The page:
The Republic of Zambia is a landlocked country in Southern Africa, neighbouring the Democratic Republic of the Congo to the north, Tanzania, Malawi, Mozambique, Zimbabwe, Botswana and Namibia, and Angola. The capital city is Lusaka.
Exploration of Zambia gives you an authentic taste of what the whole of Africa once was like-wild, beautiful and unpredictable. This is a sprawling land studded with beautiful lakes, and filled with undulating plateaux of forest, savannah and marshland. Zambia’s other form of wealth lies in her 19 national parks and game reserves, their rivers and forests support great herds of game. The Zambezi attracts magnificent game and the best way to view the wildlife is from a canoe, gliding silently up to a herd of elephant taking a bath is an enthralling experience.
The best known attraction in Zambia is of course Victoria Falls, named after Queen Victoria by the explorer, David Livingstone who also had the town of Livingstone named after him. It is the world’s largest curtain of falling water and known locally as Mosi-oa-Tunya, the “Smoke That Thunders”.
Exploring the bush on foot is a profoundly intimate experience, with all senses alert for the slightest sound or movement that reveals the presence of wildlife. Discover Africa’s wilderness at its most primal, in Zambia.
Zambia offers some of the most authentic safari experiences on earth. With more water than any other country in Africa, Zambia boasts mighty rivers, five huge lakes and 17 waterfalls, including Victoria Falls, one of the seven wonders of the natural world. All that water sustains myriad wildlife in a variety of ecosystems. Zambia is the land of the legendary walking safari, pioneered here. Exploring the bush on foot is a profoundly intimate experience, with all senses alert for the slightest sound or movement that reveals the presence of wildlife. Discover Africa’s wilderness at its most primal, in Zambia.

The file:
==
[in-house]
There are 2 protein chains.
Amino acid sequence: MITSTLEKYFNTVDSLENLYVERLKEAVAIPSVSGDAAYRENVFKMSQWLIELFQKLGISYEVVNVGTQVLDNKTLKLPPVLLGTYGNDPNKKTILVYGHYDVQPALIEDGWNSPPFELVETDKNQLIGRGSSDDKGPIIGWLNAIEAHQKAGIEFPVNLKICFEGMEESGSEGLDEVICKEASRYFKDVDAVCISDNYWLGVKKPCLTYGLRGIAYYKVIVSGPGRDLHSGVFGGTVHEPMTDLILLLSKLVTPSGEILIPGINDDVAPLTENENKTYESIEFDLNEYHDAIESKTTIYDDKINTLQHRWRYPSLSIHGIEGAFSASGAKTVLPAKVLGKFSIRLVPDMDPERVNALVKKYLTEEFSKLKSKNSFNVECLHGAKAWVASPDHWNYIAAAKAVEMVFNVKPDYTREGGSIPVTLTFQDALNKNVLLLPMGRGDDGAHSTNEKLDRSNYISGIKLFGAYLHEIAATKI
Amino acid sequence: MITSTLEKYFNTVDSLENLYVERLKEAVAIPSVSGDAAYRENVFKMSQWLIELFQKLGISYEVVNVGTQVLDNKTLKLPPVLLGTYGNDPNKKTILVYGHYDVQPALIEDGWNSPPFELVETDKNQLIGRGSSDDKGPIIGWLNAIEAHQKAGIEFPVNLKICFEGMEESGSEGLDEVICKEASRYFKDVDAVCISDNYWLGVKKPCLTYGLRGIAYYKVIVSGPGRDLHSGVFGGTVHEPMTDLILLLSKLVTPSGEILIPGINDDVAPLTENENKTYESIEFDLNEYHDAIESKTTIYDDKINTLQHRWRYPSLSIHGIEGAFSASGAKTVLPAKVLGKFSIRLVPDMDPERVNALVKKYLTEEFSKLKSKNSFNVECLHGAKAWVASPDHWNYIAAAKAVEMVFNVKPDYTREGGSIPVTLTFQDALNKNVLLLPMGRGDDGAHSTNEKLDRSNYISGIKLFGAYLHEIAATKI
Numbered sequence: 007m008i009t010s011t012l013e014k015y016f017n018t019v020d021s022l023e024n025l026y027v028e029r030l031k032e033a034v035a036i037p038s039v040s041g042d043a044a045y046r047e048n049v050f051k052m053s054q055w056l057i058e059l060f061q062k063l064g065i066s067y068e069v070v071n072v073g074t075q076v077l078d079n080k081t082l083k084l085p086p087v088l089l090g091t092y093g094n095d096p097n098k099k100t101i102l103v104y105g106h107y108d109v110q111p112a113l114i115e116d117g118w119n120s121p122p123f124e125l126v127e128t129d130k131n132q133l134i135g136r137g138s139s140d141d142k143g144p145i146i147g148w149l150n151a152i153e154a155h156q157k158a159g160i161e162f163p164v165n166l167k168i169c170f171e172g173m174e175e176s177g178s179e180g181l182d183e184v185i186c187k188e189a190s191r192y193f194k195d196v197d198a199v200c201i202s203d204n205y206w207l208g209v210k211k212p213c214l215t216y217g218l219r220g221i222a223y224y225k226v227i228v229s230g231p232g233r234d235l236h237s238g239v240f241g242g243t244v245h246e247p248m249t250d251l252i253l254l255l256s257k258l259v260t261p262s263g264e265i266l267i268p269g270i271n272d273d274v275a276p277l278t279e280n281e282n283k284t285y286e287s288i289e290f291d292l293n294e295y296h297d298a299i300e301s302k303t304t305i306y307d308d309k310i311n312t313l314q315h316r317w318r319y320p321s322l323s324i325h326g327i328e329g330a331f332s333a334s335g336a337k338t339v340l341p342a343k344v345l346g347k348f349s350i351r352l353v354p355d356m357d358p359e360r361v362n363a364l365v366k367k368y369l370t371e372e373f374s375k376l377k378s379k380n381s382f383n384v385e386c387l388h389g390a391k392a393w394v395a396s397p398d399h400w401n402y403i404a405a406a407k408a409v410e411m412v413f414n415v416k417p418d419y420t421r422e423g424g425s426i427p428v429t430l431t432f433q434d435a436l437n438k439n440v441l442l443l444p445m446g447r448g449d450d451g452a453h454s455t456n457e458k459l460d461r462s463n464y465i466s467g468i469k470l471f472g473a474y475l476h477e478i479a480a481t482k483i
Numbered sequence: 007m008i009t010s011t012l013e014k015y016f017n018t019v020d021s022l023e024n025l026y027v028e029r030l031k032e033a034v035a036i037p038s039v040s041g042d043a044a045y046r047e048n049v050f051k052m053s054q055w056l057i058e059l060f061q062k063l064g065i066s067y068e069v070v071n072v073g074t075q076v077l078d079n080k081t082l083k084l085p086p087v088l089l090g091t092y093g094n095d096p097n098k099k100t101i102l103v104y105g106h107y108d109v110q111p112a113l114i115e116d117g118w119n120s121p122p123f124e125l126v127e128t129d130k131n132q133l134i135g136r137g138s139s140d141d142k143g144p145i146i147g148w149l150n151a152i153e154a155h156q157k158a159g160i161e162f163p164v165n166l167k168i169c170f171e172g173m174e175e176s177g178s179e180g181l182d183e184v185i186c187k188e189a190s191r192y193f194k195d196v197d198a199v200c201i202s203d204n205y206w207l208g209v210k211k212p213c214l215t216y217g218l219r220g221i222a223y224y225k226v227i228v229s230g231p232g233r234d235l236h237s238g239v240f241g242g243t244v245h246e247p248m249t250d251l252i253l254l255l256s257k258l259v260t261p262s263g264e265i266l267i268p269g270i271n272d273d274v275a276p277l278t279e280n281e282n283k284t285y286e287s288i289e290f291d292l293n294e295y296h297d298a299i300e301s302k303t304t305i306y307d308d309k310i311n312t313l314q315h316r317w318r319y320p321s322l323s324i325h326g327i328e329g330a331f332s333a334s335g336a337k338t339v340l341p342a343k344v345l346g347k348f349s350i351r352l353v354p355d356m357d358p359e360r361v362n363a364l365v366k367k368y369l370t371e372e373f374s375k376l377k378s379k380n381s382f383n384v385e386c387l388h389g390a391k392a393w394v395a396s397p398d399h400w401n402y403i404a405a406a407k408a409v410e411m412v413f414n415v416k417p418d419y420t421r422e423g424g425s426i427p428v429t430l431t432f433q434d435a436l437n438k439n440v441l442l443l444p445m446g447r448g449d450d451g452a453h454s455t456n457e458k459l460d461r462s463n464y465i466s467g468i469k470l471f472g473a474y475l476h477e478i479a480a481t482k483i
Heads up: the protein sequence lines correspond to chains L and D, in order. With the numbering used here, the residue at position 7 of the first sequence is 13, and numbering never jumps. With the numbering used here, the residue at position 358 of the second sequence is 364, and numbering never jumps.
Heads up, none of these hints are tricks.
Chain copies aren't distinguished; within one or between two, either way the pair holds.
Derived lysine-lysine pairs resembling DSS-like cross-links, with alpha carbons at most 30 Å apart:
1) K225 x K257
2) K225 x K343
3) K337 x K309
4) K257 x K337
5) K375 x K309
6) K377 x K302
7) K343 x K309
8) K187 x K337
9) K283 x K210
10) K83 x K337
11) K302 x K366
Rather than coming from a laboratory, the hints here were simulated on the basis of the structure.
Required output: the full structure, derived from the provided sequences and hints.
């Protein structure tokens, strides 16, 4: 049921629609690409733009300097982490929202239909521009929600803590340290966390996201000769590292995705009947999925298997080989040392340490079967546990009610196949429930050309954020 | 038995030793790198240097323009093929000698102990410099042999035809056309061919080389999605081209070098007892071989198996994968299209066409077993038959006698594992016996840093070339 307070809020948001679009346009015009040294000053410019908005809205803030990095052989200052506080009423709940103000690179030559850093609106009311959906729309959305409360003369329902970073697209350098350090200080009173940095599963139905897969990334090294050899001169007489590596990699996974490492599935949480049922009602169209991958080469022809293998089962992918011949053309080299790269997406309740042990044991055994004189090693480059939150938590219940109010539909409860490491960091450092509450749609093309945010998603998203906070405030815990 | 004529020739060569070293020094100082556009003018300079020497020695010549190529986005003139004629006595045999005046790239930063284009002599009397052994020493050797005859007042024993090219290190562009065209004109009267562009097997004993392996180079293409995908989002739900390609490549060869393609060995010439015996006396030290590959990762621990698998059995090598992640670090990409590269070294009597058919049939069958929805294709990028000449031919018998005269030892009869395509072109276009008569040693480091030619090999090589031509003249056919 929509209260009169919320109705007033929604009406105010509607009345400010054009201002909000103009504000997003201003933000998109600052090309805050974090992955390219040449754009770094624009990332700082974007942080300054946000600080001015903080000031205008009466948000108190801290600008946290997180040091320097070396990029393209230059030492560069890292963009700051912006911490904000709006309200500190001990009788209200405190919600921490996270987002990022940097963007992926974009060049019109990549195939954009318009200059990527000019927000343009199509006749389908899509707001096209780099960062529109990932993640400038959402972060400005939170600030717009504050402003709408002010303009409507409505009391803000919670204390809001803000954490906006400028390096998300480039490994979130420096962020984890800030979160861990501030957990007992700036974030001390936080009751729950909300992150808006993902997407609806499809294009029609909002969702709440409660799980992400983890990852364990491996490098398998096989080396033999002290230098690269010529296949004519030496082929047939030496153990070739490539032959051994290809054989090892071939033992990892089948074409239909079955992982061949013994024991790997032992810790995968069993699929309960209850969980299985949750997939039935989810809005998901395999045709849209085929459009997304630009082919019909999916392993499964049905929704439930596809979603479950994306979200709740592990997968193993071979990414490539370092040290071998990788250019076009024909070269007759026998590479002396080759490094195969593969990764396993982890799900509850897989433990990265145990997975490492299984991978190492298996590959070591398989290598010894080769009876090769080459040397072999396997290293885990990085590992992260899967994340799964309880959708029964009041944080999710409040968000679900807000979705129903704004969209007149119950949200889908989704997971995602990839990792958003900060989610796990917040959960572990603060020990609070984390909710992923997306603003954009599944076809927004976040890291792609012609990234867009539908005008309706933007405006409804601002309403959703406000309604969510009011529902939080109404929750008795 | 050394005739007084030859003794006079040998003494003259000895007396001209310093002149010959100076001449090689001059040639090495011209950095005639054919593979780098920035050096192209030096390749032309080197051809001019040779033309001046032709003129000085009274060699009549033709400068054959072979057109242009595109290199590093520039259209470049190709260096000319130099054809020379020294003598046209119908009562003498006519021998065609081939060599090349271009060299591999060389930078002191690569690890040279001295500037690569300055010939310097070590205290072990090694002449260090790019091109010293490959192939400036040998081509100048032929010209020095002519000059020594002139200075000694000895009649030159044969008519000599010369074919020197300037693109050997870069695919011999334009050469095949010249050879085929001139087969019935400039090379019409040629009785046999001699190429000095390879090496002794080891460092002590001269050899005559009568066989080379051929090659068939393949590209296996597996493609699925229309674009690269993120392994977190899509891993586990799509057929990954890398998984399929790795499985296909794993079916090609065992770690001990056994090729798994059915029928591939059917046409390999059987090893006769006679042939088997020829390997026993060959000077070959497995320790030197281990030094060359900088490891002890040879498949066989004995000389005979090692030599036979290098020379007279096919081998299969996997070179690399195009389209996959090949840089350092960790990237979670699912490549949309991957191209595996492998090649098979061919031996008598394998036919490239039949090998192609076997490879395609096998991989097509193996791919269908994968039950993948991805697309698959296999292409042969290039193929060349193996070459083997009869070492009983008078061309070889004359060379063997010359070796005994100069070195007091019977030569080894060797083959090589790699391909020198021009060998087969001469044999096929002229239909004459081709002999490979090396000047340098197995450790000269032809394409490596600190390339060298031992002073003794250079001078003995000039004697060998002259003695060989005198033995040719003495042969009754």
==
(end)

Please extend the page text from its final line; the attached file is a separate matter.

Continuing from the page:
which varies from dense woodlands to open grassy plains, contains one of Africa’s largest elephant populations. It is also good for viewing leopards and birdlife. Try a walking safari for a true exhilarating experience.
Kafue National park is well known for its predators, particularly the leopard. Mammals are well represented in Kafue and include elephant, hippos, buffalo, sable, roan, Lichtenstein's hartebeest, puku, red lechwe on the Busanga Plain, lion, spotted hyena, and wild dog. The Kafue River and its flood plain are particularly well-known for their rich birdlife, which is represented by about 450 species.
The Lower Zambezi National Park is an extremely beautiful park lying on the north bank of the Zambezi River and opposite Mana Pools Park in Zimbabwe. The hills are covered with Miombo woodland and mopane and acacia are found in the valleys. There is a great variety of game species, which include elephant and buffalo, but unfortunately the numbers have been reduced because of poaching.
Game viewing is best in mid-season between June and October. Naturally, the river should be at its highest in Junebut the levels are heavily controlled by the hydro-electric scheme at the Kariba Dam wall, tiger fishing , unique wetland, lions in water, luxury safari camps, canoe trips, border between Zambia and Zimbabwe and elephant & buffalo.